all pictures © robin williams

October 2021: wildlife, from the Somerset Levels

October 11th 2021. When the bedroom curtains were pulled open, a sheet of white mist billowed over the moors below, with the top of the Polden hills crystal clear beyond. This was the first truly autumnal day on the Levels, a time immemorial where cattle apparently walk with heads or legless bodies showing. In half an hour it was all gone, revealing a clear, bright sunny view which persisted through the day where we could see. I decided to re-visit Westhay Moor to see if I could have another glimpse of the Bearded reedlings. In spite of being told that they were to be found at several points in some numbers, I had no luck. During my walk up Daggs Drove, said to be the focal point, my best link was a solitary 'ping' in the middle of a large reed-bed. I talked to others met on the drove and they reported the same. This was possibly due to thick cloud covering Westhay Moor for most of the visit. It seems our moors maintained theu sun during all this time according to Romey. Never mind, the walk was enjoyable. Later, I climbed into the car once more and made for Catcott Lows, which I found empty of people, though a very quiet couple came towards the end of my quite lengthy stay. It was lovely there, peaceful, warm, the water in front absolutely still - perfect conditions. I cannot claim it was bustling with wildlife, nor were there visits from rarities, but it was interesting, as well as peaceful. I suppose the only 'rarity' was a lone female Kestrel, a bird that has moved from abundance in the area to an unusual sight in a few short years. Otherwise, all were common, local birds but fascinating for all that. 

October 9th 2021. Another perfect autumn day, brilliant sunshine, virtually no wind. Kevin told me the other day about the invasion of Bearded reedlings, or Bearded tits as I had long known them, so I was determined to try and spot them. The island hide off the drove up from the Westhay Moor car park was the focal point. I reached there after searching each side of the drove, no luck. The hide brought no more luck. Then I started chatting to another chap who could no longer hear their call but had very sharp eyes. I heard the characteristic 'ping' just as we saw a small bird fly across the water into the reeds close to me. The reeds shook and I pointed the lens in that direction. There was a shadow in the viewfinder and a series of pictures were taken of which two are shown below. The quieter-coloured female was clearly shown, such an exciting moment after all these years. My previous sightings were on the Norfolk Broads when I was sixteen and in Holland thirty years or so ago.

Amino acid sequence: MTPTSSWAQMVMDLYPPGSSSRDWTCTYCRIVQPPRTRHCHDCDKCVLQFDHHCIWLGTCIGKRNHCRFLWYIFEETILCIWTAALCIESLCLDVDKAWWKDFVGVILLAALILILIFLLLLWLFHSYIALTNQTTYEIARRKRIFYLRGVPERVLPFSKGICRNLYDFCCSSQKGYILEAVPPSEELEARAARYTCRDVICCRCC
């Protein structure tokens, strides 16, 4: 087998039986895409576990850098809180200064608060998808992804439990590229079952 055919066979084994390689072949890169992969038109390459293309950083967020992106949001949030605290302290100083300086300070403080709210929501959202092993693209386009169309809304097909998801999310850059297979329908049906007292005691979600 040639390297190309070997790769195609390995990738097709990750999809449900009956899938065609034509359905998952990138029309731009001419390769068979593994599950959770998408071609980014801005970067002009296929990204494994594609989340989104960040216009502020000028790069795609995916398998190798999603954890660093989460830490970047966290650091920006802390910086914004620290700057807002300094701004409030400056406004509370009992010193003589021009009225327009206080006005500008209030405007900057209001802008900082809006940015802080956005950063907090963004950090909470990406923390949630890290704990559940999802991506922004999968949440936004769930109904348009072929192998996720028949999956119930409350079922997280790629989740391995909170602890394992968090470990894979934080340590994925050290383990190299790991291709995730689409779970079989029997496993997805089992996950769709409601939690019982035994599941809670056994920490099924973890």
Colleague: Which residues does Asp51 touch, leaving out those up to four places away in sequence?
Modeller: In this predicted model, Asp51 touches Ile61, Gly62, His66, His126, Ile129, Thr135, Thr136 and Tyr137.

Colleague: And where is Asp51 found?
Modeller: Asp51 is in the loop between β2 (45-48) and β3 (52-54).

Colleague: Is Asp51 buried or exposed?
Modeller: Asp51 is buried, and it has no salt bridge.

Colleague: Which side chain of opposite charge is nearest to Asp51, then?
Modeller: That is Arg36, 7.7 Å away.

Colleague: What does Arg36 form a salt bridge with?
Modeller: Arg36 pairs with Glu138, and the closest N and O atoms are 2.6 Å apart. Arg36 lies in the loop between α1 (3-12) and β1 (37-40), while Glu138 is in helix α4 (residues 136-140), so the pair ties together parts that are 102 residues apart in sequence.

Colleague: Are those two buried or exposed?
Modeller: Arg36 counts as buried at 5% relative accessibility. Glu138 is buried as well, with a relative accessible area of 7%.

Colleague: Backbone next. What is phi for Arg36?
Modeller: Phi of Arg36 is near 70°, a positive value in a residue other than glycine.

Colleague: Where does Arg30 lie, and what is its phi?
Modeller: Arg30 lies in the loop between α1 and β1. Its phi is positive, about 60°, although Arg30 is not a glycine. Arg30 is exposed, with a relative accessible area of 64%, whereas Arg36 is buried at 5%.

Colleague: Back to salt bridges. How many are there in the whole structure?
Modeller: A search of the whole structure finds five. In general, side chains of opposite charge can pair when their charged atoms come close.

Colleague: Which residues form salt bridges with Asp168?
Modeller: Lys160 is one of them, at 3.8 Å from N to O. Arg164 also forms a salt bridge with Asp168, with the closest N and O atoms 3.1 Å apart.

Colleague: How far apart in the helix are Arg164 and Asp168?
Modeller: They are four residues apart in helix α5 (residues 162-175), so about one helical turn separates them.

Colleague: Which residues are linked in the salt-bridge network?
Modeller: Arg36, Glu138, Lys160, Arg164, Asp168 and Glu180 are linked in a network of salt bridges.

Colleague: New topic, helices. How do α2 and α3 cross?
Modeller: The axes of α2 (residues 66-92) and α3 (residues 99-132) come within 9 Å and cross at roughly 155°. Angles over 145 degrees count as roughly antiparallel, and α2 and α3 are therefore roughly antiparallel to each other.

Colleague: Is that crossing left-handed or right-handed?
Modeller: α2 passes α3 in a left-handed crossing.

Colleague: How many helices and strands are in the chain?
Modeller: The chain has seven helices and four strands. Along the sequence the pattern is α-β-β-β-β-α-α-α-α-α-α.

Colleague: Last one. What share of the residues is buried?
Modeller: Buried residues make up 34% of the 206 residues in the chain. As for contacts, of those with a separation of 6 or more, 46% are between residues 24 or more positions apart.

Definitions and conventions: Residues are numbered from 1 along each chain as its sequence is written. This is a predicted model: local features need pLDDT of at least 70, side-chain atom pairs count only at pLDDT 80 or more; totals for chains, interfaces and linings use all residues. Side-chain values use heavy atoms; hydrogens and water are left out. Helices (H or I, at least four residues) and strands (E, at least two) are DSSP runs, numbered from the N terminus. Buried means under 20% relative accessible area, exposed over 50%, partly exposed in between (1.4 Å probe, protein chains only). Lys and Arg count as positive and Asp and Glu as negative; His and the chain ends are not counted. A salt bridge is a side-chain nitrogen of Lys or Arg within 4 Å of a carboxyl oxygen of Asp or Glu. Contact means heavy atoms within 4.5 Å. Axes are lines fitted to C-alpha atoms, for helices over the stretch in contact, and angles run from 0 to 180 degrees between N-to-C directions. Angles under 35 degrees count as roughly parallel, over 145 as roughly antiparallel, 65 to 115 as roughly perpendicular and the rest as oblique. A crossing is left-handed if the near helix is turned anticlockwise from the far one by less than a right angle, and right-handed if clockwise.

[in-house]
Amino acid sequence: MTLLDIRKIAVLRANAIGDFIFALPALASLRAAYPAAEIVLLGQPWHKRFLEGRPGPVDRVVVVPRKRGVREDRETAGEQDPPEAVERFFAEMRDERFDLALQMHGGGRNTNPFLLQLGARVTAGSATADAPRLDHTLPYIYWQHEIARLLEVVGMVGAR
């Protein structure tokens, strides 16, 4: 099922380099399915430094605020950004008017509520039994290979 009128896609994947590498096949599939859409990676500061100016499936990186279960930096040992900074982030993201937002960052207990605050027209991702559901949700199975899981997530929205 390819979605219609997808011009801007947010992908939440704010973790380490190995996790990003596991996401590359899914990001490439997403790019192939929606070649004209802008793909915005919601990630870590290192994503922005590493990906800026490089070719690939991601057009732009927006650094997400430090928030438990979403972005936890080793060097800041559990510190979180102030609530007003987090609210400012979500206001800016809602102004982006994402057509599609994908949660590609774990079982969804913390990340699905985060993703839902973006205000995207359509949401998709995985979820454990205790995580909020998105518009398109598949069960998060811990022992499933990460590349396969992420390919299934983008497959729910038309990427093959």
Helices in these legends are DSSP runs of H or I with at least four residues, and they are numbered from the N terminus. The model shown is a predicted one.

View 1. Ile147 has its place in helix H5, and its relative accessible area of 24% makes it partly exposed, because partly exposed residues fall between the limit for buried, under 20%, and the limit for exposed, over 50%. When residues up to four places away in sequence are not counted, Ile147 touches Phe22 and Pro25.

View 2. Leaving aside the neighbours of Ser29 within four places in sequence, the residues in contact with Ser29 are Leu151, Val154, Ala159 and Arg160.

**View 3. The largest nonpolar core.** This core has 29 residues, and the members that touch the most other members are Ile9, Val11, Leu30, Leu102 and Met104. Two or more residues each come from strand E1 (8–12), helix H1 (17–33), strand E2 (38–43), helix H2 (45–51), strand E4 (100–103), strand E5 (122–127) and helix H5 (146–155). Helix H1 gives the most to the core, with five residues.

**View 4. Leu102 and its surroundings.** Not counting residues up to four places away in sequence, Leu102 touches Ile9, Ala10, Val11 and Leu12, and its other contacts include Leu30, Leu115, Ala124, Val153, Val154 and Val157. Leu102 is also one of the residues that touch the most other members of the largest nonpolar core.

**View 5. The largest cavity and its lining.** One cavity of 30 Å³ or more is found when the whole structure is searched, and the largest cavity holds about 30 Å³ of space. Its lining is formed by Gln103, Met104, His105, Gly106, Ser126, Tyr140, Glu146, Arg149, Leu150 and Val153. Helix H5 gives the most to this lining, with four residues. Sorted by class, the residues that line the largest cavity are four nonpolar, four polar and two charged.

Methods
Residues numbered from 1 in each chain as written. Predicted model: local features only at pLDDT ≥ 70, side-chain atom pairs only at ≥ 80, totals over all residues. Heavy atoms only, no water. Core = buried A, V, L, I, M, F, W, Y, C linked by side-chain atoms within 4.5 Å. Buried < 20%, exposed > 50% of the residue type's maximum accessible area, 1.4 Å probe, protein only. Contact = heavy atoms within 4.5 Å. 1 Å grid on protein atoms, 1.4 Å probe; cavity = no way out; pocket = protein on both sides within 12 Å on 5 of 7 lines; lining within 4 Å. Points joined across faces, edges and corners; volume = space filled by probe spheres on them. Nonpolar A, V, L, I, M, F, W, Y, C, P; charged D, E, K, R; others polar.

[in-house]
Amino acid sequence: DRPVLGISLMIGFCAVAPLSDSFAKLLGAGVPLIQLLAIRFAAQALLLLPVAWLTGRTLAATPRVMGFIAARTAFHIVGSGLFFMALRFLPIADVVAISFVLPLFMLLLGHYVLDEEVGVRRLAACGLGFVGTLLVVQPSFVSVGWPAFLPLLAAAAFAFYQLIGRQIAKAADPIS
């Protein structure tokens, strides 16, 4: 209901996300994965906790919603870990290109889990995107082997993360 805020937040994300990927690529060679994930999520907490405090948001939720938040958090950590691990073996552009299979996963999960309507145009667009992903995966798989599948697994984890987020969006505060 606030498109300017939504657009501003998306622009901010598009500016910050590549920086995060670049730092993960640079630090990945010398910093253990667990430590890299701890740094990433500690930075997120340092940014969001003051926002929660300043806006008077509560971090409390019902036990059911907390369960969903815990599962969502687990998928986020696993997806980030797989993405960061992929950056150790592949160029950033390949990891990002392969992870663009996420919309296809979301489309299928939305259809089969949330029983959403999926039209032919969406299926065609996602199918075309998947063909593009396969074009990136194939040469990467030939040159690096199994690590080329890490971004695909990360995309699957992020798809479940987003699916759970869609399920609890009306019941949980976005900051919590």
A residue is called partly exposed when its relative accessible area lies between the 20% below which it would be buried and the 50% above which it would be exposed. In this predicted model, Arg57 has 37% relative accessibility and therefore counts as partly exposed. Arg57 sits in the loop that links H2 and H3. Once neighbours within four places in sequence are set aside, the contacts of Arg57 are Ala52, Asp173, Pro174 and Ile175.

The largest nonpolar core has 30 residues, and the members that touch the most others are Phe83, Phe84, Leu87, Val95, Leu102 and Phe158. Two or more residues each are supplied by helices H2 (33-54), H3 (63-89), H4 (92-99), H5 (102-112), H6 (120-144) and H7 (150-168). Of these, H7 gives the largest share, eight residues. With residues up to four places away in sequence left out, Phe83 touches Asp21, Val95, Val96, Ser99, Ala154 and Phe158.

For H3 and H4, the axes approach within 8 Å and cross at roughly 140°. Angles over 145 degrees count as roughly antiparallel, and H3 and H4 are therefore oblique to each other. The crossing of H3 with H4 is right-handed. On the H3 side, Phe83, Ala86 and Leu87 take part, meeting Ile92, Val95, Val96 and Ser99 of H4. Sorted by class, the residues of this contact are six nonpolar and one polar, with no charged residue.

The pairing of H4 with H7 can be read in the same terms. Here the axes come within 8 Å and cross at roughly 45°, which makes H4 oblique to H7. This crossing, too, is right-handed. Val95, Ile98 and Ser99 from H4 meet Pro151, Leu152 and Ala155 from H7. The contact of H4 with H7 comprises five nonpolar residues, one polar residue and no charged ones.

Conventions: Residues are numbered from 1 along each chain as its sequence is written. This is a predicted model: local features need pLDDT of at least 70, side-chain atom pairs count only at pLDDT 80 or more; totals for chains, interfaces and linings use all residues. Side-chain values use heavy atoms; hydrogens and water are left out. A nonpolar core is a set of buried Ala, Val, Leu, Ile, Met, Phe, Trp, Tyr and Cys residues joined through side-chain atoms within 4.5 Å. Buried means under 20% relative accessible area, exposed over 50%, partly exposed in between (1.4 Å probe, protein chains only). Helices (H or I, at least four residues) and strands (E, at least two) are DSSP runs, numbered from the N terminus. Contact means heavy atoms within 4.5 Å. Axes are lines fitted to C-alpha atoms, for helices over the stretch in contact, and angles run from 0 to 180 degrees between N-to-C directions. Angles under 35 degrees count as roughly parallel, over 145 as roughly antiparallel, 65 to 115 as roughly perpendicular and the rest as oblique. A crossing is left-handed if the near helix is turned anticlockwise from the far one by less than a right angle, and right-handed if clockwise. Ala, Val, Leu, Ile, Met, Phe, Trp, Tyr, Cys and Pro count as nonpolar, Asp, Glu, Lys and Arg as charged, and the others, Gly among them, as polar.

Bearded reedling Panurus biarmicus f

Bearded reedling Panurus biarmicus f

After a reasonable time in the hide, I decided to go on to the tower platform in the centre of the main reed-bed to see how the Marsh harriers were doing. Looking back, I think I should have stayed where I was, but there were on or tow interesting events. A Marsh harrier did appear but way up above, where it was being mobbed by a crowd of the crow family. These smaller bullies just would not leave it alone. They must have driven it up, it is most unusual to see a harrier very far off the ground.

Marsh harrier Circus aeruginosus and Jackdaw bullies 

A Gadwall was captured as it erupted from beneath - most unusual for a surface-feeding duck. Could it have been attacked from below?

Gadwall Anas strepera f

Finally, after studying the acres o reedbeds in front, hoping to locate where the harriers may be nesting, a heron flew in, tiny against the background, and disappeared beneath the reeds, possibly another ground-nesting heron as I have come across elsewhere in the area.

Grey heron Ardea cinerea 

October 6th 2021. After terrible storms for a few days, today was miraculous, crystal clear air in bright sunshine, with moderate breeze. I seized the occasion and drove over to Westhay Moor NNR. Kevin was in the car-park and told me about what was around, in particular there were Bearded reedlings Panurus biarmicus in large numbers (though you have to be there in the morning to actually see them). I made my way to the tower hide (platform) where I had extraordinary luck in that, as I climbed the ladder, a Marsh harrier flew across the front reasonably close, providing me with some memorable shots.

Marsh harrier Circus aeruginosus juv.

Marsh harrier Circus aeruginosus juv.

Marsh harrier Circus aeruginosus juv.

The only insects I spotted were butterflies. Everything else has vanished or hidden itself. They appear so delicate but survive later than most and manage to cross the seas on long journeys. 

Speckled wood butterfly Pararge aegeria

October 2nd 2021. It is much colder, after a very unseasonal September with continuous above-average temperatures. Apart from various darters and a few butterflies, nothing else is flying, even the last of the bumblebees.

Common darter Sympetrum striolatum m

It is always sad when you realize that you will be without the insects for a few months, the macro lens put away once more. Apart from the three egrets, there will be a gap when birds do not take up the slack, a somewhat dead period of the year. Long periods of rain and high winds have kept us indoors recently and it seems will continue into the future. It is a shame there is little to report at this time except how nice a good pub meal was today under the shadow of Brent Knoll. Pints of beer taste better as the cooler weather strikes.